Many iwi talk about the seven Matariki stars being Matariki, the mother and her six daughters, Tupu-a-nuku, Tupu-ā-rangi, Waipunarangi, Waitī, Waitā and Ururangi. Te Papa has information on one of the most popular legends of Matariki and the six sisters.

You can see Matariki from early June before sunrise. Why not come along to the Dawn rising – Celestial observation on Friday 15 June and join other Ara students and staff on top of the Port Hills to see Matariki rising on the eastern horizon.

In the Library on Wednesday 13 June look out for our Matariki star making   lunchtime activities.

See Ara’s schedule of events for more Matariki magic on our campuses. For events in the wider community see Christchurch City Libraries Matariki blogpost.

Resources on Matariki in our library include:

Hakaraia, L. (2006). Celebrating Matariki . Auckland [N.Z.]: Reed.

Hakaraia, L. (2004). Matariki : the Māori New Year . Auckland [N.Z.]: Reed Pub.

Hakaraia, L. (2008). Te kāhui o Matariki : contemporary Māori art of Matariki. North Shore, N.Z.: Raupo.

Matamua, R. (2017). Matariki : the star of the year. Wellington: Huia.

Rolleston-Cummins, T. (2008). The seven stars of Matariki. Wellington, N.Z.: Huia.


So you broke your New Year’s resolution


Image from Te Ara (2016) Story Matariki

No problem. You have another chance.  Matariki is a great time to gain new skills and set yourself some new goals.

The Māori New Year is marked by the rise of Matariki (Pleiades) and the sighting of the next new moon. The pre-dawn rise of Matariki can be seen at the end of May every year and the New Year is marked at the sighting of the next new moon which occurs during early June.

Matariki can be translated in two ways – Mata Riki (Tiny Eyes) and Mata Ariki (Eyes of God). Some say Matariki is a mother surrounded by her six daughters while others suggest Matariki is a male star.

Manu tukutuku (Māori kite) flying traditions have a highly symbolic connection to Matariki. They are seen as the connection between the heavens and earth. Acknowledge the year gone by, and turn to the future and celebrate new beginnings.

Dream big, set goals and take action!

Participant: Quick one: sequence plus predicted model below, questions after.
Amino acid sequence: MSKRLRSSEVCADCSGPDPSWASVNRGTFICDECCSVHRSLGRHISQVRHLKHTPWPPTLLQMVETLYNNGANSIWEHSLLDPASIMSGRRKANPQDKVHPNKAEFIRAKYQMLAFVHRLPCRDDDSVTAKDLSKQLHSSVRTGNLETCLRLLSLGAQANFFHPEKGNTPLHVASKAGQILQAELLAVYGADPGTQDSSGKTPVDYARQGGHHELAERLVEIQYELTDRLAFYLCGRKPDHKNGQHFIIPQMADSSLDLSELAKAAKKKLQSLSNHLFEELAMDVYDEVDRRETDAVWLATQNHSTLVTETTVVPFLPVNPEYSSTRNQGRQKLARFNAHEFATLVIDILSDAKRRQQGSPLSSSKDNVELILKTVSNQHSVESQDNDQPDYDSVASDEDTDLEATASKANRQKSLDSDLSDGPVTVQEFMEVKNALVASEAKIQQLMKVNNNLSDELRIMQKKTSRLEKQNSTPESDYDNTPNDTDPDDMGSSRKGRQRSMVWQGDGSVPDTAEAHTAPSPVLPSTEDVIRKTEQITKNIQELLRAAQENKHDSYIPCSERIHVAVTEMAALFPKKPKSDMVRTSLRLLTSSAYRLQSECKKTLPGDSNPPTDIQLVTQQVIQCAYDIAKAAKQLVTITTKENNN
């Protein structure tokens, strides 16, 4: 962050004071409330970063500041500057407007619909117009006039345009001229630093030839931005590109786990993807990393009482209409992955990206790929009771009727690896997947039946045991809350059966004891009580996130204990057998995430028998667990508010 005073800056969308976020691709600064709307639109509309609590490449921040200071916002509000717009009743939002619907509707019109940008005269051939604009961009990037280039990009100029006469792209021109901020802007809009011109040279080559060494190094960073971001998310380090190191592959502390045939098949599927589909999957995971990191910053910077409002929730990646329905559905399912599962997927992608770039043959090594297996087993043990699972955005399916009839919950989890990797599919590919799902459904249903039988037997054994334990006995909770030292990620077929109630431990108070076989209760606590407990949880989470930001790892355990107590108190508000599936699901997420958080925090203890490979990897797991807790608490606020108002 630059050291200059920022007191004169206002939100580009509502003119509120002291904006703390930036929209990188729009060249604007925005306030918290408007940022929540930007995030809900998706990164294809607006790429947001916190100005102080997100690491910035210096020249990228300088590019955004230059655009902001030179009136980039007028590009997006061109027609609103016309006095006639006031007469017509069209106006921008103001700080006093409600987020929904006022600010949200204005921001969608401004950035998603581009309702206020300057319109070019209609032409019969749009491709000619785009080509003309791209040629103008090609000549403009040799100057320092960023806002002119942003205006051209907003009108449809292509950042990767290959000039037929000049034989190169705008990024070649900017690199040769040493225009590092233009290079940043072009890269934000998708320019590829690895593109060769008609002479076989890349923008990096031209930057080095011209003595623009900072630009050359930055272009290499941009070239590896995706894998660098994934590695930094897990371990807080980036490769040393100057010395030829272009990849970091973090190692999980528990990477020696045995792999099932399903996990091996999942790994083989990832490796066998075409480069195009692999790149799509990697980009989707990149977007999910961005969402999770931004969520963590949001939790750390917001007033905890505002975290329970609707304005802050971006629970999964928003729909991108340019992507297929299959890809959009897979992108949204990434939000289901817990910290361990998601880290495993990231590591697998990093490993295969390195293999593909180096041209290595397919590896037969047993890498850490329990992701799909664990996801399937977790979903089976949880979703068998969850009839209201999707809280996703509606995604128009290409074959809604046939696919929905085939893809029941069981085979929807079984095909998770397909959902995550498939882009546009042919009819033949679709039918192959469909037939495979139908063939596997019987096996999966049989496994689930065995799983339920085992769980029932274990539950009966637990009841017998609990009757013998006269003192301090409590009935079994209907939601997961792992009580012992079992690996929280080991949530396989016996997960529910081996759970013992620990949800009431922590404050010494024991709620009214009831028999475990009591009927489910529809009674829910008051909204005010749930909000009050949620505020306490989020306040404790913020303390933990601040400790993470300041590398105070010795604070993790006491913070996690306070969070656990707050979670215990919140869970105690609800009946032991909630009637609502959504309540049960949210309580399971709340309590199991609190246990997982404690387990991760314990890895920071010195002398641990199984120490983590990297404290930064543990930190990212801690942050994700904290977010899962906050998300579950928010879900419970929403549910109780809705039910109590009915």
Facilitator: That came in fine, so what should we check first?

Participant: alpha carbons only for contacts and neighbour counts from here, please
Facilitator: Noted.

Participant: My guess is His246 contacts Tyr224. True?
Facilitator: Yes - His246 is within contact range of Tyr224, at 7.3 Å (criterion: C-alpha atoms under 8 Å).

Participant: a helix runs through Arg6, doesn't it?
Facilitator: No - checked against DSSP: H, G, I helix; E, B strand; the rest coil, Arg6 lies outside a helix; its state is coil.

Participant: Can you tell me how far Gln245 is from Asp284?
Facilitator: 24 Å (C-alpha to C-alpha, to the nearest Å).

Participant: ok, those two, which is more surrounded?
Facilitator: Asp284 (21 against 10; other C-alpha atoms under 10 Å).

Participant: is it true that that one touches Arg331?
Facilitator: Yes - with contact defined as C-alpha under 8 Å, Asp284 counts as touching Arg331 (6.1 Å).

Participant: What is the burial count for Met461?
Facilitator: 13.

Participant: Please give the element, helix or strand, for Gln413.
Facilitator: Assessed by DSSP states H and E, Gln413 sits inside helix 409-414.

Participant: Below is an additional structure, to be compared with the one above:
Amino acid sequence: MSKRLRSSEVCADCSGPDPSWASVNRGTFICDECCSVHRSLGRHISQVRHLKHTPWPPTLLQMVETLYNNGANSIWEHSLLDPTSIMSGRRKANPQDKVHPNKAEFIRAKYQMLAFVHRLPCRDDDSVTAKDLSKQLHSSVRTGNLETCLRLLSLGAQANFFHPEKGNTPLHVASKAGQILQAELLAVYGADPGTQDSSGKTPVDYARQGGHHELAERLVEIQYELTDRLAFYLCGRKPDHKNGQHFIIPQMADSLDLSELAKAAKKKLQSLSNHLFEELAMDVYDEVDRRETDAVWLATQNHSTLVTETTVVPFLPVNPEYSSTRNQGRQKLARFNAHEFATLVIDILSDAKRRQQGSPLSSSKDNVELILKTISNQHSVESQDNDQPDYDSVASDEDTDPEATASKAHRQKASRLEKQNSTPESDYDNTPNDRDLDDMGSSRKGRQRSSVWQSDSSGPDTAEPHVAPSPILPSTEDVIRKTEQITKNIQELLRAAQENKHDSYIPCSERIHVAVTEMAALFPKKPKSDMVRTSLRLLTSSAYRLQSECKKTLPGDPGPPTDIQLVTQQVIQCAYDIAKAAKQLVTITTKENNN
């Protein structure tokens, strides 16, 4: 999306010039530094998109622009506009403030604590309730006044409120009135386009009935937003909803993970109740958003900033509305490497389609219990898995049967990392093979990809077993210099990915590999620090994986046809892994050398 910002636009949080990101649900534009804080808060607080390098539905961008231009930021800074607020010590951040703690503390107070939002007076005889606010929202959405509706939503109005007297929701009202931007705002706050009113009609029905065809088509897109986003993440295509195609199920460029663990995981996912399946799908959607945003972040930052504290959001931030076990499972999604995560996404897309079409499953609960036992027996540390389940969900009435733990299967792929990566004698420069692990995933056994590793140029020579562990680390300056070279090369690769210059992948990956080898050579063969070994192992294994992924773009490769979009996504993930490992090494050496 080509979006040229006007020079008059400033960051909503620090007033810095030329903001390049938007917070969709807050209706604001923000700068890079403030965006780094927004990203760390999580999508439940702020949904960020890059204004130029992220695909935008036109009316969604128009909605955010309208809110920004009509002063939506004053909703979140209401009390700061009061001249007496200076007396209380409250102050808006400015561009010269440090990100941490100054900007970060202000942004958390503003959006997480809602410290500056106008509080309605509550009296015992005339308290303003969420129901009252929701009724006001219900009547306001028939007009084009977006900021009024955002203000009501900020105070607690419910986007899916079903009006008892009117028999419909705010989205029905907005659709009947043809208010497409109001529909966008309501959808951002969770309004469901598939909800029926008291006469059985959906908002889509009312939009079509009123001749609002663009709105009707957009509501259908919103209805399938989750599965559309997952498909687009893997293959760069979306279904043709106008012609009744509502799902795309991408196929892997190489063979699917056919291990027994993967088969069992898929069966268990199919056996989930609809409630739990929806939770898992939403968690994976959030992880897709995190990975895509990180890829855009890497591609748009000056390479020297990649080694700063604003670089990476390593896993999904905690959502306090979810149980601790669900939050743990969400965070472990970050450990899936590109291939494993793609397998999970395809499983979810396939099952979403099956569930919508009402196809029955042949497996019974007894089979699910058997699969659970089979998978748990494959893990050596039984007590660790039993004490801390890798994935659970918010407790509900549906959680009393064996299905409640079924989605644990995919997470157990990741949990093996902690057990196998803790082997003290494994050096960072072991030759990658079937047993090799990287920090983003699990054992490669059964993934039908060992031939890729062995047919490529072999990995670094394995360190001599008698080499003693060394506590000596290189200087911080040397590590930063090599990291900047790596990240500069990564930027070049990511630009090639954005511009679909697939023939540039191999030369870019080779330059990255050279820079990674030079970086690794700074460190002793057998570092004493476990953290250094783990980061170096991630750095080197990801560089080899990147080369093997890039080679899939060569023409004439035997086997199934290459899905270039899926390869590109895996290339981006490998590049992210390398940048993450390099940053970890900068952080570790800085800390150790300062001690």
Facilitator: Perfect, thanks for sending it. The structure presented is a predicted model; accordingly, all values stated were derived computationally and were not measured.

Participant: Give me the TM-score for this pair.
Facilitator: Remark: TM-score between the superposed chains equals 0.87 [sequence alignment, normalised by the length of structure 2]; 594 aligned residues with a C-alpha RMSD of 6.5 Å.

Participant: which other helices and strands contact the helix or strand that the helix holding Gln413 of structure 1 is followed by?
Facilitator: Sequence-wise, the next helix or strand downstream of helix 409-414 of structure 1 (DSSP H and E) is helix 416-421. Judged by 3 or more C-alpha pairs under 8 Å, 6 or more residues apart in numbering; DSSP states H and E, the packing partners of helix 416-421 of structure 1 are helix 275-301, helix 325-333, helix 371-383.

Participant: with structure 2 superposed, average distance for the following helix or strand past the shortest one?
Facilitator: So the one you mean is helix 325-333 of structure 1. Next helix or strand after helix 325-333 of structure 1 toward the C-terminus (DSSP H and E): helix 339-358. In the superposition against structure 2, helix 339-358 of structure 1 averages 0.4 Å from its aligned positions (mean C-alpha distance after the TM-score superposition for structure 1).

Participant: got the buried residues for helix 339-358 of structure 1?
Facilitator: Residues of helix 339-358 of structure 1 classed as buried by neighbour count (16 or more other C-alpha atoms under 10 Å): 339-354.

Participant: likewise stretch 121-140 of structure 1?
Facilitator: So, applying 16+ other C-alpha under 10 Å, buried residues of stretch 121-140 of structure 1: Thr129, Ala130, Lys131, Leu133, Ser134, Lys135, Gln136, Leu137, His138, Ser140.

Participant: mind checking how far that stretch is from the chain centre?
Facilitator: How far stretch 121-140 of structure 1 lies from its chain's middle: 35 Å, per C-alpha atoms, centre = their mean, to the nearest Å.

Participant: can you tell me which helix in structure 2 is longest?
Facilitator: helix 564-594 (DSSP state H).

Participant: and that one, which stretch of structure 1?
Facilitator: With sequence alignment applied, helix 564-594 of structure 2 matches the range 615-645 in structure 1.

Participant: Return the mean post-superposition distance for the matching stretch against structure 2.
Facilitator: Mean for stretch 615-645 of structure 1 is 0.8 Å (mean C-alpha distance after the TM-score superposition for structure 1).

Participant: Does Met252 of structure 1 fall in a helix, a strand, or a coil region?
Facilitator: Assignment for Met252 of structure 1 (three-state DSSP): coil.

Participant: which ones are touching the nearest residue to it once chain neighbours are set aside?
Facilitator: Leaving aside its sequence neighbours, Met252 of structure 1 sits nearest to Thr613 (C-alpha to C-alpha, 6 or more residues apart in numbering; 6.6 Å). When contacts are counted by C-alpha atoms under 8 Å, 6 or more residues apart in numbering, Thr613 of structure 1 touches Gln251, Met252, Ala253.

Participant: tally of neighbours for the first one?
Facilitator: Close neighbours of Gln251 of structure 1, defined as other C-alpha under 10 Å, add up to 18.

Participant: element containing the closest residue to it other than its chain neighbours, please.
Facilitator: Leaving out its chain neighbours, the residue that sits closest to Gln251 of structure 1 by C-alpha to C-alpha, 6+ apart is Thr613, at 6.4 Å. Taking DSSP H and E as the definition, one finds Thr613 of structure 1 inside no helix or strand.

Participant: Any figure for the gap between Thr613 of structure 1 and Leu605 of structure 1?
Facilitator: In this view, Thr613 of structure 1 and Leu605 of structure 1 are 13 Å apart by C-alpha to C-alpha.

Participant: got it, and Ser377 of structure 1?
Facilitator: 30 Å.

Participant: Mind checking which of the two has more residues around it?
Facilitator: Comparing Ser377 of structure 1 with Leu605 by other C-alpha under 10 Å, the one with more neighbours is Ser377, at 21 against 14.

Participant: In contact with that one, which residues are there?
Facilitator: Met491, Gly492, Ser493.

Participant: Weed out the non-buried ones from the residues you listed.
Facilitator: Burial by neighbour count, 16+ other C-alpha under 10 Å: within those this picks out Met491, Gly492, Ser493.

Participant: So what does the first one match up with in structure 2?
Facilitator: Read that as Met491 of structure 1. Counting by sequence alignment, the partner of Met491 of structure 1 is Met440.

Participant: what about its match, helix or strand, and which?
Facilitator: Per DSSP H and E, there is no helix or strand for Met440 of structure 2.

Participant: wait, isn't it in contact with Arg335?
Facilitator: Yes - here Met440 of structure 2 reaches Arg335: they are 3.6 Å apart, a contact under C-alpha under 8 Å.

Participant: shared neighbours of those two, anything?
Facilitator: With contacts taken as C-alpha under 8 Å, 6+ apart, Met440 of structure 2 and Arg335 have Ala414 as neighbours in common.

Written by Emma Royal, Ara Learning Advisor



Matariki – Māori New Year – Pipiri 10 June


(Photo by Filip Lolic, obtained from Wikimedia Commons)

In the traditional Māori maramataka, or calendar, the new year begins with the first new moon at the end of May or beginning of June.  This is when the star cluster known as Matariki (The Pleiades) reappears on the eastern horizon.

Read more about the traditions surrounding Matariki on Te Ara : Encyclopedia of New Zealand and in  Te Ao Hou (The new world) , a magazine published by the Maori Affairs Department between 1952 and 1976.


Click on Login in to eTV , select Christchurch Polytechnic and use your CPIT login and PIN number to watch this Waka Huia video called Te maramataka Māori on our eTV platform and follow Wiremu Tawhai and his family as they prepare to harvest traditional kumara, riwai and other Maori kai that were planted in accordance with the Maramataka Māori. Wiremu also explains the importance of Matariki while teaching practical ways to sustain our natural resources for future generations.

Books in our Māori collection

Hakaraia, L. & Urlich, C.W. (ed.s) (2008), Te Kāhui o Matariki : Contemporary art of    Matariki – N7406.7HAK

Hakaraia, L. (2004). Matariki : the Māori new year – DU423.A85HAK

Hakaraia, L. (2006). Celebrating Matariki – DU423.A85HAK

CD in our Māori Collection

Tikao, A (2007) Tuia – the sixth track on this album by Christchurch singer / song writer Ariana Tikao is called Matariki.  You can also listen to Matariki online at

Other links

Hansard report on the parliamentary debate around having a public holiday celebrating Te Rā o Matariki.

Matariki at Christchurch City Libraries